2021 ICD-10-CM Code S01.20XS

Unspecified open wound of nose, sequela

Version 2021
Billable Code
7th Character Code
Unspecified Code
Sequela Code
MS-DRG Mapping
POA Exempt

Valid for Submission

S01.20XS is a billable diagnosis code used to specify a medical diagnosis of unspecified open wound of nose, sequela. The code S01.20XS is valid during the fiscal year 2021 from October 01, 2020 through September 30, 2021 for the submission of HIPAA-covered transactions.

The ICD-10-CM code S01.20XS might also be used to specify conditions or terms like injury of nasal cavity, multiple open wounds of face, multiple open wounds of face, multiple wounds of nose, open wound of multiple sites of nose with complication , open wound of multiple sites of nose without complication, etc. The code is exempt from present on admission (POA) reporting for inpatient admissions to general acute care hospitals.

S01.20XS is a sequela code, includes a 7th character and should be used for complications that arise as a direct result of a condition like unspecified open wound of nose. According to ICD-10-CM Guidelines a "sequela" code should be used for chronic or residual conditions that are complications of an initial acute disease, illness or injury. The most common sequela is pain. Usually, two diagnosis codes are needed when reporting sequela. The first code describes the nature of the sequela while the second code describes the sequela or late effect.

Unspecified diagnosis codes like S01.20XS are acceptable when clinical information is unknown or not available about a particular condition. Although a more specific code is preferable, unspecified codes should be used when such codes most accurately reflect what is known about a patient's condition. Specific diagnosis codes should not be used if not supported by the patient's medical record.

ICD-10:S01.20XS
Short Description:Unspecified open wound of nose, sequela
Long Description:Unspecified open wound of nose, sequela

Code Classification

Approximate Synonyms

The following clinical terms are approximate synonyms or lay terms that might be used to identify the correct diagnosis code:

Present on Admission (POA)

S01.20XS is exempt from POA reporting - The Present on Admission (POA) indicator is used for diagnosis codes included in claims involving inpatient admissions to general acute care hospitals. POA indicators must be reported to CMS on each claim to facilitate the grouping of diagnoses codes into the proper Diagnostic Related Groups (DRG). CMS publishes a listing of specific diagnosis codes that are exempt from the POA reporting requirement. Review other POA exempt codes here .

CMS POA Indicator Options and Definitions
POA Indicator CodePOA Reason for CodeCMS will pay the CC/MCC DRG?
YDiagnosis was present at time of inpatient admission.YES
NDiagnosis was not present at time of inpatient admission.NO
UDocumentation insufficient to determine if the condition was present at the time of inpatient admission.NO
WClinically undetermined - unable to clinically determine whether the condition was present at the time of inpatient admission.YES
1Unreported/Not used - Exempt from POA reporting. NO

Convert S01.20XS to ICD-9 Code

The General Equivalency Mapping (GEM) crosswalk indicates an approximate mapping between the ICD-10 code S01.20XS its ICD-9 equivalent. The approximate mapping means there is not an exact match between the ICD-10 code and the ICD-9 code and the mapped code is not a precise representation of the original code.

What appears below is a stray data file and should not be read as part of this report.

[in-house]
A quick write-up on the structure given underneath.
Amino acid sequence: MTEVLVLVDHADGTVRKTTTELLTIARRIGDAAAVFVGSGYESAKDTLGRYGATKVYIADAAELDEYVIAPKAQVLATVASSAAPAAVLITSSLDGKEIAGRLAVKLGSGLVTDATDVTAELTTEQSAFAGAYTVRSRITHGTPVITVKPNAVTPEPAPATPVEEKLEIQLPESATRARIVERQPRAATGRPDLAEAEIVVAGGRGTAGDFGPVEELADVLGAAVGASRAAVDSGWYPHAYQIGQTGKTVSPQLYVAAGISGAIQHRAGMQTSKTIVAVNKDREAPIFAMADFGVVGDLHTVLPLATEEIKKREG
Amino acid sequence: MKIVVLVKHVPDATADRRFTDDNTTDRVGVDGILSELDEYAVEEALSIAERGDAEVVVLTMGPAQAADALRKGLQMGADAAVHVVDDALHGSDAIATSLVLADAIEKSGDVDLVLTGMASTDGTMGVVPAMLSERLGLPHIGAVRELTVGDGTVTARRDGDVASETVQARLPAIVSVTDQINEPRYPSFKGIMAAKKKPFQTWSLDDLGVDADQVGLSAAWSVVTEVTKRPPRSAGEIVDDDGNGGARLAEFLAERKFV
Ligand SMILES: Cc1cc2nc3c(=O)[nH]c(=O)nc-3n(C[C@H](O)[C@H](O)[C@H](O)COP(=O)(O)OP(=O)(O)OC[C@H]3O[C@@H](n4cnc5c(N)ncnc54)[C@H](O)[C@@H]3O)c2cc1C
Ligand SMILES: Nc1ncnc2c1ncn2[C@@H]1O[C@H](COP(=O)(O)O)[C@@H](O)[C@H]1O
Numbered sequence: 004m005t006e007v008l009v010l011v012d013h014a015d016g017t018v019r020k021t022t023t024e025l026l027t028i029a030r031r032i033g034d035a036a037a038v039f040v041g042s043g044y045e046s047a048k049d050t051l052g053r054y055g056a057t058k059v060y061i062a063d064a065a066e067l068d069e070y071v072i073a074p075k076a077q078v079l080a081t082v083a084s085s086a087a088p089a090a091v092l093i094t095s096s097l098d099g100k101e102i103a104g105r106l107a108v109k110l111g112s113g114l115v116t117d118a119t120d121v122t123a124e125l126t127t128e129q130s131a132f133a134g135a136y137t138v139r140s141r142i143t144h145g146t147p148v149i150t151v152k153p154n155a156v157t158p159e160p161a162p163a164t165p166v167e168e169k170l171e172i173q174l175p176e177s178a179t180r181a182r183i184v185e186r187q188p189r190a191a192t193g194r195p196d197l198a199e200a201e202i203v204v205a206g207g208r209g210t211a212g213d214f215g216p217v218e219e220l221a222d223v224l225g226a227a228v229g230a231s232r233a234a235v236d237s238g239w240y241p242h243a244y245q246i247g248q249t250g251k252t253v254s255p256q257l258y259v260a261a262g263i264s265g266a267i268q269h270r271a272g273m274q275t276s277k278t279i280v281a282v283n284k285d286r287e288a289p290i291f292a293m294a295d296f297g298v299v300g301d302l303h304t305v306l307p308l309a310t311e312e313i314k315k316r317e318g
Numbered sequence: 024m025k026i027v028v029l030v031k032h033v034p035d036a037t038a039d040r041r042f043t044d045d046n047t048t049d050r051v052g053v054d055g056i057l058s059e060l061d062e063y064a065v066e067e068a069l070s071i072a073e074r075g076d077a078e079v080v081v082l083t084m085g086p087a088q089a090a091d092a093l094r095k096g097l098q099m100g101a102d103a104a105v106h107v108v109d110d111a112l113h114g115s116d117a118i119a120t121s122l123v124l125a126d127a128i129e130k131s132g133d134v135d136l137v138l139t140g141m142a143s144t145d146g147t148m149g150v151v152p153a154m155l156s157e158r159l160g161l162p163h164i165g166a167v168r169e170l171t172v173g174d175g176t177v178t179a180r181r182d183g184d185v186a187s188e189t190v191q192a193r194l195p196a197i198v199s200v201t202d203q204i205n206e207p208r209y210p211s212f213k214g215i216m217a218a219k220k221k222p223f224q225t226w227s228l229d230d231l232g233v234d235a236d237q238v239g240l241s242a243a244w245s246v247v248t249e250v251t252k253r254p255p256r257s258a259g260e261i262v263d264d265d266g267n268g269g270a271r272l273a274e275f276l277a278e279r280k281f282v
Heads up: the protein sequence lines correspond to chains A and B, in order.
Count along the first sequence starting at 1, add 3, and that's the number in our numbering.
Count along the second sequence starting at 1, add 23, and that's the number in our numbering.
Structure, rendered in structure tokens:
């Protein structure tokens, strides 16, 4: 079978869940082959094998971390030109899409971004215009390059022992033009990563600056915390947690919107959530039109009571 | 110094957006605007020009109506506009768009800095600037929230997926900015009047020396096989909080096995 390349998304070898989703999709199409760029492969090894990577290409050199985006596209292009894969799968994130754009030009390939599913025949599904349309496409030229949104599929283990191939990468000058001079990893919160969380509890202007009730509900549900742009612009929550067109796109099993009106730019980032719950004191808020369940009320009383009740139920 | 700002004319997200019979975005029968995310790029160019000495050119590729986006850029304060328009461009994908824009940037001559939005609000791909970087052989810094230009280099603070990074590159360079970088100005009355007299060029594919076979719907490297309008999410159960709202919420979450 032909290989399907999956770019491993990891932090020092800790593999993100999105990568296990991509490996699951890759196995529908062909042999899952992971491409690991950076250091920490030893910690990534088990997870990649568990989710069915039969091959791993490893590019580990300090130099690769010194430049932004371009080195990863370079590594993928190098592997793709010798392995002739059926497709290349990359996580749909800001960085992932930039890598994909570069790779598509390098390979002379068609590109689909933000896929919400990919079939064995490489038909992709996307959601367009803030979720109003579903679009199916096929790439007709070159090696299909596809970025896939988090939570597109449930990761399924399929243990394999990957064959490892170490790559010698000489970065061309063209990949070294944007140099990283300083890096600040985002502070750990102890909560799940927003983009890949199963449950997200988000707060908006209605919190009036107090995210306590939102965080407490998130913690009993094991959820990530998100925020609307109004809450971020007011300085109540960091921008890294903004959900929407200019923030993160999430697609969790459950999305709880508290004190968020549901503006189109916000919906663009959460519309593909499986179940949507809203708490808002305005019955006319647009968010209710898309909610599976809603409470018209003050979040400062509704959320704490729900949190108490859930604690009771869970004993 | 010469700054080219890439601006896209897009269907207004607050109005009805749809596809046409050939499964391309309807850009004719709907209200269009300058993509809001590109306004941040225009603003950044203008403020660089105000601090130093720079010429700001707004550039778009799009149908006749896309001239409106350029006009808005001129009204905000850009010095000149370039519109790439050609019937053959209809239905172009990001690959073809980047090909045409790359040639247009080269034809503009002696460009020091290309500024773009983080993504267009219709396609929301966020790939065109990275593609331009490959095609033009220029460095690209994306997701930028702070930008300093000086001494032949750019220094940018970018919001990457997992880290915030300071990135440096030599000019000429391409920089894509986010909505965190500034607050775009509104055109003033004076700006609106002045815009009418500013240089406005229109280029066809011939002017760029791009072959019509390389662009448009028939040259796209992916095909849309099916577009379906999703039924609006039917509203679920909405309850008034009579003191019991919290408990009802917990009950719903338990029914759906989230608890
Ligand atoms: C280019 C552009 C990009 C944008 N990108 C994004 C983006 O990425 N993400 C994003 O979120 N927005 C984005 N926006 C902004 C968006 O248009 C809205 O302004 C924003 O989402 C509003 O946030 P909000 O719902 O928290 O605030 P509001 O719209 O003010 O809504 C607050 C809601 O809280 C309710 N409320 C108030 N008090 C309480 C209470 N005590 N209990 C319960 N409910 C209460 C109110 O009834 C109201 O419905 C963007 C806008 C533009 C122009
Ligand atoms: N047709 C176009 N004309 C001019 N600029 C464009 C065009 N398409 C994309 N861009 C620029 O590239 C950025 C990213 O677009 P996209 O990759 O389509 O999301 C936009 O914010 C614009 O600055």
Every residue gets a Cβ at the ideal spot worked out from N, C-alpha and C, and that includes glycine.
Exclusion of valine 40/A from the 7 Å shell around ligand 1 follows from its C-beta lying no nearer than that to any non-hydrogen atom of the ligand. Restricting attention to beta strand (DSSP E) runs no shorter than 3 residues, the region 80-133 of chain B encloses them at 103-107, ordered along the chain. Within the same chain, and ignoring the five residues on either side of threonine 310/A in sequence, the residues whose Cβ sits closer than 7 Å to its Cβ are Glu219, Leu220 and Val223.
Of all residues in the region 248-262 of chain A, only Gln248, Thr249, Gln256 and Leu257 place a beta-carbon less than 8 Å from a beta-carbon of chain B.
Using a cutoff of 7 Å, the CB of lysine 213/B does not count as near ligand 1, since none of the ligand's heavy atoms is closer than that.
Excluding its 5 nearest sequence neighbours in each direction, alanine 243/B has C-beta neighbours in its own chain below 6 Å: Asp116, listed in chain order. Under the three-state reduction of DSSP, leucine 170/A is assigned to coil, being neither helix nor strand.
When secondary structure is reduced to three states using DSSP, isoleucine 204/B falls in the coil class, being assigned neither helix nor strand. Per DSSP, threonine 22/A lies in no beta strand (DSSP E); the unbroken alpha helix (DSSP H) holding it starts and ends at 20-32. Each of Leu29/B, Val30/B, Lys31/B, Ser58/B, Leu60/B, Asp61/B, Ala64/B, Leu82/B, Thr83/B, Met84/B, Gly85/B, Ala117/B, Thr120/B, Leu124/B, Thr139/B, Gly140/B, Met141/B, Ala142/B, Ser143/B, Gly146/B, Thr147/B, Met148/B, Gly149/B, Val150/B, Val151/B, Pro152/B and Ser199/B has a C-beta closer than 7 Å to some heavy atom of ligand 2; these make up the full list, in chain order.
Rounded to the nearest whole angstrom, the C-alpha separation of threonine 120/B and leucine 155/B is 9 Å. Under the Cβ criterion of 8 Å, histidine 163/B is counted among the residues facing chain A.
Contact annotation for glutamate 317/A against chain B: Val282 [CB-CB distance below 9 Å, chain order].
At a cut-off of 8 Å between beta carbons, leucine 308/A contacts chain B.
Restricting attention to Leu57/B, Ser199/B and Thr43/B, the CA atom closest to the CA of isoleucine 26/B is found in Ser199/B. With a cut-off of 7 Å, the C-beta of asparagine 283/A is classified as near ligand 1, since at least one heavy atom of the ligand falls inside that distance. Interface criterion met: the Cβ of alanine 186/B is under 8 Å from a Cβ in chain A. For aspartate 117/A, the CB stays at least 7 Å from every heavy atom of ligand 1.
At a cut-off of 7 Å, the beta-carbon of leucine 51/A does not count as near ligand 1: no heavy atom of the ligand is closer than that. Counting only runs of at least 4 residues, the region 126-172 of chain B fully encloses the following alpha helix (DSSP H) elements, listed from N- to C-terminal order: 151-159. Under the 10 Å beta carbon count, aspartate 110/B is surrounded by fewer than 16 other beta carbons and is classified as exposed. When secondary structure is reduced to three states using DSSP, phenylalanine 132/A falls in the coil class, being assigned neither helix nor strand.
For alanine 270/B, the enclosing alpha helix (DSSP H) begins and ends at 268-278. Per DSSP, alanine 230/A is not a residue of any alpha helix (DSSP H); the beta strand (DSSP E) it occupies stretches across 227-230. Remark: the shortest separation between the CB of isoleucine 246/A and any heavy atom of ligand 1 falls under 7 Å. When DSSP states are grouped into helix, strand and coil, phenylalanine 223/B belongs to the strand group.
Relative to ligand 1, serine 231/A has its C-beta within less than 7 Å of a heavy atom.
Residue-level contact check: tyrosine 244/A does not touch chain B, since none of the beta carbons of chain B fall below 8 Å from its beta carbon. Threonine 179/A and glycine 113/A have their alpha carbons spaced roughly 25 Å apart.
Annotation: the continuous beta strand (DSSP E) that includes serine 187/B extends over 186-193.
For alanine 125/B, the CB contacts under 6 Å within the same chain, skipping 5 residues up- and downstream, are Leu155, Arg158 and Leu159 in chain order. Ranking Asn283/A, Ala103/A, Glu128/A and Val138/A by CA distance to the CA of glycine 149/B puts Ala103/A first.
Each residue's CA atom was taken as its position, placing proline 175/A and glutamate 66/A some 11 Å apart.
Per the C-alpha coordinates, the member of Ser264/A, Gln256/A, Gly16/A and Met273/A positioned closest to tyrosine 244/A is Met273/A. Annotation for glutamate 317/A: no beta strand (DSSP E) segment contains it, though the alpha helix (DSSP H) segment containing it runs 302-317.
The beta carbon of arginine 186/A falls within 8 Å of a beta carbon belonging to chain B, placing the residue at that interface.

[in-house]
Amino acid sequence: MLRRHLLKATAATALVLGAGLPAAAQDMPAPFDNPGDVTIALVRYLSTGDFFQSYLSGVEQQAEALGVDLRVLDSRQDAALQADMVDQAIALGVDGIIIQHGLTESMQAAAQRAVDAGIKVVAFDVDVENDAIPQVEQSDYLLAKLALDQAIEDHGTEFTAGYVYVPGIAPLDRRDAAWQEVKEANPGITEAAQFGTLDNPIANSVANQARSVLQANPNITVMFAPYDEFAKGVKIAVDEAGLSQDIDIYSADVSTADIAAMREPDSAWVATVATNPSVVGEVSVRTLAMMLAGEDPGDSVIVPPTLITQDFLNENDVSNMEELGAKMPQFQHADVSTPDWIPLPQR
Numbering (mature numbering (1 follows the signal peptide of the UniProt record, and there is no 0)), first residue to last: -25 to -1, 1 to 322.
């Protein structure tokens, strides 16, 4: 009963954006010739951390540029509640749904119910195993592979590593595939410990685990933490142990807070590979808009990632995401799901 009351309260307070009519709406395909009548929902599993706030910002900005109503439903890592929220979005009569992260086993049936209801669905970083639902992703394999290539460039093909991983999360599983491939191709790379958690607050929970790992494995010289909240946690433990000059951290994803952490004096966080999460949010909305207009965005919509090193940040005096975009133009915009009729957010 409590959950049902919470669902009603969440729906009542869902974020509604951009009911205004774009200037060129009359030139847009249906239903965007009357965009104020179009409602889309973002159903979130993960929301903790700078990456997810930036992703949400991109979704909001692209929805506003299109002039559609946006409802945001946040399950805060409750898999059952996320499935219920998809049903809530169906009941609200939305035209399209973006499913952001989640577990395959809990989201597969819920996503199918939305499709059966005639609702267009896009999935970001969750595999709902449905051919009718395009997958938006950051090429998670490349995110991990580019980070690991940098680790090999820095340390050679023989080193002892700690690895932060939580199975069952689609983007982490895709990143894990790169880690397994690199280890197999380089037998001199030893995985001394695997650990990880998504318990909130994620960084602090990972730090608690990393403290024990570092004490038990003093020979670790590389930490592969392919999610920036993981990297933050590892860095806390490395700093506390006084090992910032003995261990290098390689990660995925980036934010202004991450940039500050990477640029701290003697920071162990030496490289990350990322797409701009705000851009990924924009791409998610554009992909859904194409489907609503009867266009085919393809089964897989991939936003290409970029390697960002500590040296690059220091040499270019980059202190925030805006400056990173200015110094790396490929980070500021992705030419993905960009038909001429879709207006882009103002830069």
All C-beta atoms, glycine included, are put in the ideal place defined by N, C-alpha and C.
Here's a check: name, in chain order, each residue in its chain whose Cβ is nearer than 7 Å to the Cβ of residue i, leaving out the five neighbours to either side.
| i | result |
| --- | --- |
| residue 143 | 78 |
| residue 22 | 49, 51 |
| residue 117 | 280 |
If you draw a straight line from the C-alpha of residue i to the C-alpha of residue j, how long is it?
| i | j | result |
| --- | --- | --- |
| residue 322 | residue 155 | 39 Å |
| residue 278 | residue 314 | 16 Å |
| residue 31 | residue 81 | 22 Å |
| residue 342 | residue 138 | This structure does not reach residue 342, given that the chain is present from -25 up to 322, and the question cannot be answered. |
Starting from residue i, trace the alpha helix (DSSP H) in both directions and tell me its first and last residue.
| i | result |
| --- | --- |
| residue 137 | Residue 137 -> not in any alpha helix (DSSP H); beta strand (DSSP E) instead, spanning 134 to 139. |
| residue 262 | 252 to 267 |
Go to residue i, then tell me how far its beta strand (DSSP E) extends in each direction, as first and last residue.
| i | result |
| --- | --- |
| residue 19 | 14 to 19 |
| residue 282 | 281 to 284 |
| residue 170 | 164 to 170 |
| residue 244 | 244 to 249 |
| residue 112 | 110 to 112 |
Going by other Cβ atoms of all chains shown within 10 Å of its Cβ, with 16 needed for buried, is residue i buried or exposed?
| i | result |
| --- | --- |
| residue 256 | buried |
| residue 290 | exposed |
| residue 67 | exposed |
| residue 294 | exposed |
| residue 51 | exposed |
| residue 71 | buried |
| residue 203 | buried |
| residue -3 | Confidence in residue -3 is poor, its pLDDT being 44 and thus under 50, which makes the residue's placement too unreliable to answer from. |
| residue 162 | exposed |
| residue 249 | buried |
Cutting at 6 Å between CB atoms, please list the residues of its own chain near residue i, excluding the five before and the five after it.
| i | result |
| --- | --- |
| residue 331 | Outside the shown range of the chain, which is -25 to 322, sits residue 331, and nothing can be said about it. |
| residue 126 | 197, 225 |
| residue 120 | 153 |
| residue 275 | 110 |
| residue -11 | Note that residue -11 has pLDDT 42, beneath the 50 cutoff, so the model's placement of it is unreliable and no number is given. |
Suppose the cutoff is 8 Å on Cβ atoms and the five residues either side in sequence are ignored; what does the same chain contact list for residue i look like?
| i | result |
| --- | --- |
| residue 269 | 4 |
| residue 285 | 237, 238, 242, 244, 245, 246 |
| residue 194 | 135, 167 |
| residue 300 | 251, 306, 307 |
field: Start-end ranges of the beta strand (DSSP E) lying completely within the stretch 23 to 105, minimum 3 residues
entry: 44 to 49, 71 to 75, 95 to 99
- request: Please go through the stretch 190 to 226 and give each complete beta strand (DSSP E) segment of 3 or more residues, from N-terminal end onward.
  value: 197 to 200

Information for Patients


Nose Injuries and Disorders

Also called: Nasal disorders

Your nose is important to your health. It filters the air you breathe, removing dust, germs, and irritants. It warms and moistens the air to keep your lungs and tubes that lead to them from drying out. Your nose also contains the nerve cells that help your sense of smell. When there is a problem with your nose, your whole body can suffer. For example, the stuffy nose of the common cold can make it hard for you to breathe, sleep, or get comfortable.

Many problems besides the common cold can affect the nose. They include


[Learn More in MedlinePlus]

Wounds and Injuries

Also called: Traumatic injuries

An injury is damage to your body. It is a general term that refers to harm caused by accidents, falls, hits, weapons, and more. In the U.S., millions of people injure themselves every year. These injuries range from minor to life-threatening. Injuries can happen at work or play, indoors or outdoors, driving a car, or walking across the street.

Wounds are injuries that break the skin or other body tissues. They include cuts, scrapes, scratches, and punctured skin. They often happen because of an accident, but surgery, sutures, and stitches also cause wounds. Minor wounds usually aren't serious, but it is important to clean them. Serious and infected wounds may require first aid followed by a visit to your doctor. You should also seek attention if the wound is deep, you cannot close it yourself, you cannot stop the bleeding or get the dirt out, or it does not heal.

Other common types of injuries include


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Code History

  • FY 2021 - No Change, effective from 10/1/2020 through 9/30/2021
  • FY 2020 - No Change, effective from 10/1/2019 through 9/30/2020
  • FY 2019 - No Change, effective from 10/1/2018 through 9/30/2019
  • FY 2018 - No Change, effective from 10/1/2017 through 9/30/2018
  • FY 2017 - No Change, effective from 10/1/2016 through 9/30/2017
  • FY 2016 - New Code, effective from 10/1/2015 through 9/30/2016 (First year ICD-10-CM implemented into the HIPAA code set)